Onyx reviews: The King's Gold by
The third novel in the Captain Alatriste series, The Sun Over Breda,
was dark, grim and violent, focusing on the trenchant war in Flanders, where the
Spanish army threatened to go on strike over lack of payment. The King's Gold,
the fourth book to be translated into English, returns to the swashbuckling feel
of the initial installments, inspired by such classic Spanish novels as The
Unlike the more successful monarchies, Spain never found the balance between
centralized authority and the power of individual aristocrats and feudal lords,
not to mention the vast influence wielded by the church. This makes the king's
stringent taxation unpalatable to the wealthy. However, King Philip must be
given his due, and any cargo that enters the country, especially that which
comes back from the West Indies, is taxable.
The king is driven by one imperative: to increase the royal coffers so that
he can finance the many foreign wars that are turning Spain into a shadow of its
former glory. The face of one of these wars confronts Alatriste and his
war-weary compadres when they sail into Cadiz in 1626. The city is festooned
with the corpses of English soldiers executed after a recent, failed invasion
Captain Alatriste, his faithful sidekick ═˝igo Balboa, and his cortege head
to Seville after they disembark. There they are hired to assemble a gang of
ruffians to pretend to be pirates to capture a ship scheduled to arrive from the
West Indies with a load of precious metals, much of which will not be declared.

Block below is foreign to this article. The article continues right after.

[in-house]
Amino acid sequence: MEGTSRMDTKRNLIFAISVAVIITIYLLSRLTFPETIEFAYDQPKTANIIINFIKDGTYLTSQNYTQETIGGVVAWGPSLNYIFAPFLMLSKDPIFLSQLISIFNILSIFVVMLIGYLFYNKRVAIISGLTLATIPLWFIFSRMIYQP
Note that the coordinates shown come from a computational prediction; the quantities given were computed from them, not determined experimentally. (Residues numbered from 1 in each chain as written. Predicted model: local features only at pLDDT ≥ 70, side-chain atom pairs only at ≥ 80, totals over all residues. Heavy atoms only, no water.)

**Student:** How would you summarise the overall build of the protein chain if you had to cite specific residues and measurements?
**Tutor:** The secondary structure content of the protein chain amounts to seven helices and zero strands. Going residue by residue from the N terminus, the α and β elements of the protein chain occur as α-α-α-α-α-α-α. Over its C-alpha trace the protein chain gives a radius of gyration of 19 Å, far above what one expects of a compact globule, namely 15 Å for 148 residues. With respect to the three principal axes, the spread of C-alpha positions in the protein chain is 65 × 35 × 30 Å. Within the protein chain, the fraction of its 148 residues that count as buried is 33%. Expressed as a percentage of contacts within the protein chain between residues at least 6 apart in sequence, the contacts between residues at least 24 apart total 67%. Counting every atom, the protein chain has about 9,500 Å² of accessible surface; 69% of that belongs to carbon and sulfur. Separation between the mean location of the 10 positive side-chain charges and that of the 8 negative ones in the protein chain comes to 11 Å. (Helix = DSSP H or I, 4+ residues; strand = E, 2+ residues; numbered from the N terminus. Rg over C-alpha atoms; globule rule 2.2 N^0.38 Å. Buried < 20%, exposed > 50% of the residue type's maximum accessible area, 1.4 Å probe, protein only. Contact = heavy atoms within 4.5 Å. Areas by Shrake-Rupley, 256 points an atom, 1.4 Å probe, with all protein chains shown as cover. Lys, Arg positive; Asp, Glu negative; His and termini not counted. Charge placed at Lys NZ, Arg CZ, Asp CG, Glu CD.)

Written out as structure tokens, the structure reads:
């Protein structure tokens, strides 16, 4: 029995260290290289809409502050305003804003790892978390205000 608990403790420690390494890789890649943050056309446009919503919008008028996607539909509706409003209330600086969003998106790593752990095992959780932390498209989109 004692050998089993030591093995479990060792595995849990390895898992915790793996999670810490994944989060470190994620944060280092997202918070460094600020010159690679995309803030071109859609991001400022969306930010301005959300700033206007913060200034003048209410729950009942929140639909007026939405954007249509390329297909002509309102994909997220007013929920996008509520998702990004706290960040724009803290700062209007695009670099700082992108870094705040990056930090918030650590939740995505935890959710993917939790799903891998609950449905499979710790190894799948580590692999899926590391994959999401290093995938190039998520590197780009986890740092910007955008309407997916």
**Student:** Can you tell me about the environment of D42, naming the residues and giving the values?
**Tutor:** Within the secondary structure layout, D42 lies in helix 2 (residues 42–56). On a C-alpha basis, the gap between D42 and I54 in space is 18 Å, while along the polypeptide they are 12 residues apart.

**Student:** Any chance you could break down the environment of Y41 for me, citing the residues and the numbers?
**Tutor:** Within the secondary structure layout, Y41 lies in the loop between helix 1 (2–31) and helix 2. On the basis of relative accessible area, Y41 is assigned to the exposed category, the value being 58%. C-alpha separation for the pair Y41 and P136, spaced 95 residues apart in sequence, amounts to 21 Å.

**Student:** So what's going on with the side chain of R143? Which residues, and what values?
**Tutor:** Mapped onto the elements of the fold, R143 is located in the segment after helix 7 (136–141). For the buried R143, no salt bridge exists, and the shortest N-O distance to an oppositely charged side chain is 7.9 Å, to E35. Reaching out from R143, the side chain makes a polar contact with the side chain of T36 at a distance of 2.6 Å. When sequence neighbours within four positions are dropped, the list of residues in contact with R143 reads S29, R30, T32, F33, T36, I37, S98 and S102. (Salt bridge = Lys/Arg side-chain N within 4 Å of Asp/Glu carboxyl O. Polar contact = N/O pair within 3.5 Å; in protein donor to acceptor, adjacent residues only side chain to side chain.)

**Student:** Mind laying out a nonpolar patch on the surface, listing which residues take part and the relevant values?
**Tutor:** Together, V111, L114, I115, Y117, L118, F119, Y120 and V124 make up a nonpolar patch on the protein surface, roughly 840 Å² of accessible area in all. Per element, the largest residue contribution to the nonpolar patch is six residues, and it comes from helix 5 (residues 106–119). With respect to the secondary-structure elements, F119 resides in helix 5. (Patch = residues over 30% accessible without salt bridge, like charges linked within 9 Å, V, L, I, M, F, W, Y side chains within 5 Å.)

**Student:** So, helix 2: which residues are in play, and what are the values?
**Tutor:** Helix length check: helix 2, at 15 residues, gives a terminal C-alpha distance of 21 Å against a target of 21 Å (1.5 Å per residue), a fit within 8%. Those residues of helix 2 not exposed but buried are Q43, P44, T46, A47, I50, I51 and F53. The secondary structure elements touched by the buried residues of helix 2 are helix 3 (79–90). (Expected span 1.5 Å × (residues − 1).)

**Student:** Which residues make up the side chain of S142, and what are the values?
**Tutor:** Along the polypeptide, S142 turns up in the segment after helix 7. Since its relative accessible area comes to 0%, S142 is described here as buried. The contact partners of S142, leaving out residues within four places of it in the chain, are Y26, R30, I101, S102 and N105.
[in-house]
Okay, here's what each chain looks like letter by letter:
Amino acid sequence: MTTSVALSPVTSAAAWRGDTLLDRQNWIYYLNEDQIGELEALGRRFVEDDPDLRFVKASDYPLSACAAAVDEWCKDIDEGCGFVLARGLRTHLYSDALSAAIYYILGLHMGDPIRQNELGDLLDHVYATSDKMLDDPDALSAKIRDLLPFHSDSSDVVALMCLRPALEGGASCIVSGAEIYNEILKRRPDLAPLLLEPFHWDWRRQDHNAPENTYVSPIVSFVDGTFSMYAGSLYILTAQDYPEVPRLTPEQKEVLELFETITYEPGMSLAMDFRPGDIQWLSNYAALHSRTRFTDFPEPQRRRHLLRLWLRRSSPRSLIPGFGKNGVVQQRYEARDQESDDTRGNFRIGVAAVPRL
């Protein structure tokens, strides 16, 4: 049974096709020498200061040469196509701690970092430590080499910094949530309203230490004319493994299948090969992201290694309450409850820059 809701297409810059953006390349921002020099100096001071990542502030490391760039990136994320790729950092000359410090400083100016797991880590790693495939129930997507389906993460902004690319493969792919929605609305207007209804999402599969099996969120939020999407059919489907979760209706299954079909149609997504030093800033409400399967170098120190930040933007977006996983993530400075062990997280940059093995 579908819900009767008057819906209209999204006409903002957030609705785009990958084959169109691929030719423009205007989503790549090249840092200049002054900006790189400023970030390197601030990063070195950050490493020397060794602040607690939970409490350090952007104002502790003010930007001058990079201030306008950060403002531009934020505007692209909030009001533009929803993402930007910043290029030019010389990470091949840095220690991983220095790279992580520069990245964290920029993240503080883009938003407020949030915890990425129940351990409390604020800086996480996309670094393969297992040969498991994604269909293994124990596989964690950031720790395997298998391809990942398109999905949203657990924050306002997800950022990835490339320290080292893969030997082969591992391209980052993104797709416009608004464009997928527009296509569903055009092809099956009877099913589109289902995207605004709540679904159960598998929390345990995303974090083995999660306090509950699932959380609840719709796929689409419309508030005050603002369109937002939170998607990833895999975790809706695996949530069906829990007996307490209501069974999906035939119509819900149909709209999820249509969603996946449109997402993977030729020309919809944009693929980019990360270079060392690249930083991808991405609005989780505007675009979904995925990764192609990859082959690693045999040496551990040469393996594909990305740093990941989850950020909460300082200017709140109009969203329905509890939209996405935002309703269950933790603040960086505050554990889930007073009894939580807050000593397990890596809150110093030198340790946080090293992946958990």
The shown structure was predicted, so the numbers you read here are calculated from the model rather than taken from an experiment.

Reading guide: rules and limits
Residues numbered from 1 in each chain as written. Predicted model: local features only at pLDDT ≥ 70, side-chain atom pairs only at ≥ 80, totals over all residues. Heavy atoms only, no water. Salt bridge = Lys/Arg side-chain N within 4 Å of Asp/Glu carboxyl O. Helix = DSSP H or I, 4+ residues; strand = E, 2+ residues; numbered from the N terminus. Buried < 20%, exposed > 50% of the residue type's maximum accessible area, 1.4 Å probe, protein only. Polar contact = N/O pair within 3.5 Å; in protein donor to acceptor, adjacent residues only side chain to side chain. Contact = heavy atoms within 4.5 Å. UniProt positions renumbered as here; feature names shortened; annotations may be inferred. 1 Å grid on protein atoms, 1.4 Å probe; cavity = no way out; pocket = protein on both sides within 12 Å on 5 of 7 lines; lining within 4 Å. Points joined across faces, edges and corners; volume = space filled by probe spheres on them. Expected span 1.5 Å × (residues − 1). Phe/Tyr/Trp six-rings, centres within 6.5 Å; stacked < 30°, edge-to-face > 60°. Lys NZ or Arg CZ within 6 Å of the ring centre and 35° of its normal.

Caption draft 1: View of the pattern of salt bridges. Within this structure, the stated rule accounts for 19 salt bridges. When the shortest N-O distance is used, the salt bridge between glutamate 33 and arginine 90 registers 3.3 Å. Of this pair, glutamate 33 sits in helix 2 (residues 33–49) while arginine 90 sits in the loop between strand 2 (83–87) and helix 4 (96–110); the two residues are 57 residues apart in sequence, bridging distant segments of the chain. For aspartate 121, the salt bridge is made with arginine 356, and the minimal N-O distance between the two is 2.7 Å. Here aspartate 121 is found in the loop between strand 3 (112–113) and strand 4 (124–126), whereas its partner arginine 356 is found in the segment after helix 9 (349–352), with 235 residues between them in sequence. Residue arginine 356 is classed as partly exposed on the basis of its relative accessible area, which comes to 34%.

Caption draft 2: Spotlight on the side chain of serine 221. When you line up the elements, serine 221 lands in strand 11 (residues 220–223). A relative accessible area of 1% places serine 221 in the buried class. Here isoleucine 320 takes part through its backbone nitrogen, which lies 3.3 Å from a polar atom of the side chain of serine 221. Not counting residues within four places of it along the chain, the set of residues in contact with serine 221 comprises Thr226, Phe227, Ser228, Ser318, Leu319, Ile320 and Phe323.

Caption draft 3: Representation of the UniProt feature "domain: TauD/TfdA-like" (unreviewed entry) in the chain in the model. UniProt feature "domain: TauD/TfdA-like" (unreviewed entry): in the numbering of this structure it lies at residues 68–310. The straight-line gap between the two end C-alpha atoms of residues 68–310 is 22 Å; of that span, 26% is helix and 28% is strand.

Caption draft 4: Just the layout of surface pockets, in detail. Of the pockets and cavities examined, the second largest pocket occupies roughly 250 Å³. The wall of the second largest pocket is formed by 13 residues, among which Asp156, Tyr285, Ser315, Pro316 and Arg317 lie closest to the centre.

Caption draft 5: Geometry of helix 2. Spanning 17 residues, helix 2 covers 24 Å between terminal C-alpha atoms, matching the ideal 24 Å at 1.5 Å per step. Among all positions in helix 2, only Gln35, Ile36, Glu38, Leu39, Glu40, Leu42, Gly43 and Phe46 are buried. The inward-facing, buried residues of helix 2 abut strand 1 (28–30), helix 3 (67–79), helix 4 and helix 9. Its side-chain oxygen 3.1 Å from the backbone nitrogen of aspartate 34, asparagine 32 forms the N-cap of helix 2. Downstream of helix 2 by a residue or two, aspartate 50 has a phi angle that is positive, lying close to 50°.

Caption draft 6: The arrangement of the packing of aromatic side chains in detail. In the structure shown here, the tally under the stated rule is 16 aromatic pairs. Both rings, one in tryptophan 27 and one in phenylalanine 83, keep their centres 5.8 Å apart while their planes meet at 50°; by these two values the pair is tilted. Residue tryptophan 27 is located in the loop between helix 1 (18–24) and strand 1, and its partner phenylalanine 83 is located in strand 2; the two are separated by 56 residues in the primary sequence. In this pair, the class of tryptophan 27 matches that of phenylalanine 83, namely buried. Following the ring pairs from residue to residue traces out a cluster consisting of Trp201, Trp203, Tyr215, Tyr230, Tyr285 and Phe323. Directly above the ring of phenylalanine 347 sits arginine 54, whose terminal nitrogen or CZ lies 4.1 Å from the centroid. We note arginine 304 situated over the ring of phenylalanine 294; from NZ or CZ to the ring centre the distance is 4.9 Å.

Alatriste knows that the defenders won't yield their illicit cargo easily, and
he also has to be worried about insurrection from within, for there is truly no
honor among thieves when a boatload of gold is involved. It's a dangerous
mission, but one that could turn around Alatriste's fortunes. Some men grow rich
in wars, but that was not the lot of the Spaniards.
With Alatriste and ═˝igo back in familiar territory, PÚrez-Reverte is able
to invoke characters from previous adventures, most notably the Italian
Gualterio Malatesta, who is as deadly and devoid of conscience as the good
Captain, and Angelica de Alquezar, the lovely young woman who is ═˝igo's love
interest, nemesis and personal demon. Malatesta is determined to best Alatriste
in battle, and Angelica seduces and endangers ═˝igo at the same time.
Many writers explore the golden eras of their nations. PÚrez-Reverte focuses
instead on the waning years of a former world power. His hero is a skilful
soldier who is little different from the world-weary protagonist of a noir crime
novel. Captain Alatriste's moral compass does not waver. He won't even torture a
criminal for information, preferring instead to inflict the pain on himself.
═˝igo recognizes his master's disenchantment but he cannot comprehend it
because the two men are at the opposite ends of their lives' trajectories.
Alatriste is confronting his mortality and sixteen-year-old ═˝igo is on the
verge of manhood.
Though a poet tags along with Alatriste's group, penning couplets and
quatrains as a running commentary on events, the book does not overly
romanticize the period. The frequent sword fights are brutal and unvarnished,
and the final conflict aboard the treasure ship is suitably violent. Not even
═˝igo escapes unscathed
The book has a couple of fundamental flaws. ═˝igo is a first-person
narrator who appears to have full access to information from scenes where he
wasn't present. Secondly, the central section consists of a lengthy scene in the
Seville prison the night before an execution. All of the prisoner's friends and
associates gather to celebrate his soon-to-end life, a premature wake of a sort.
Though it provides insight into an aspect of history rarely seen, the vignette
ultimately has no relevance to the rest of the tale. .
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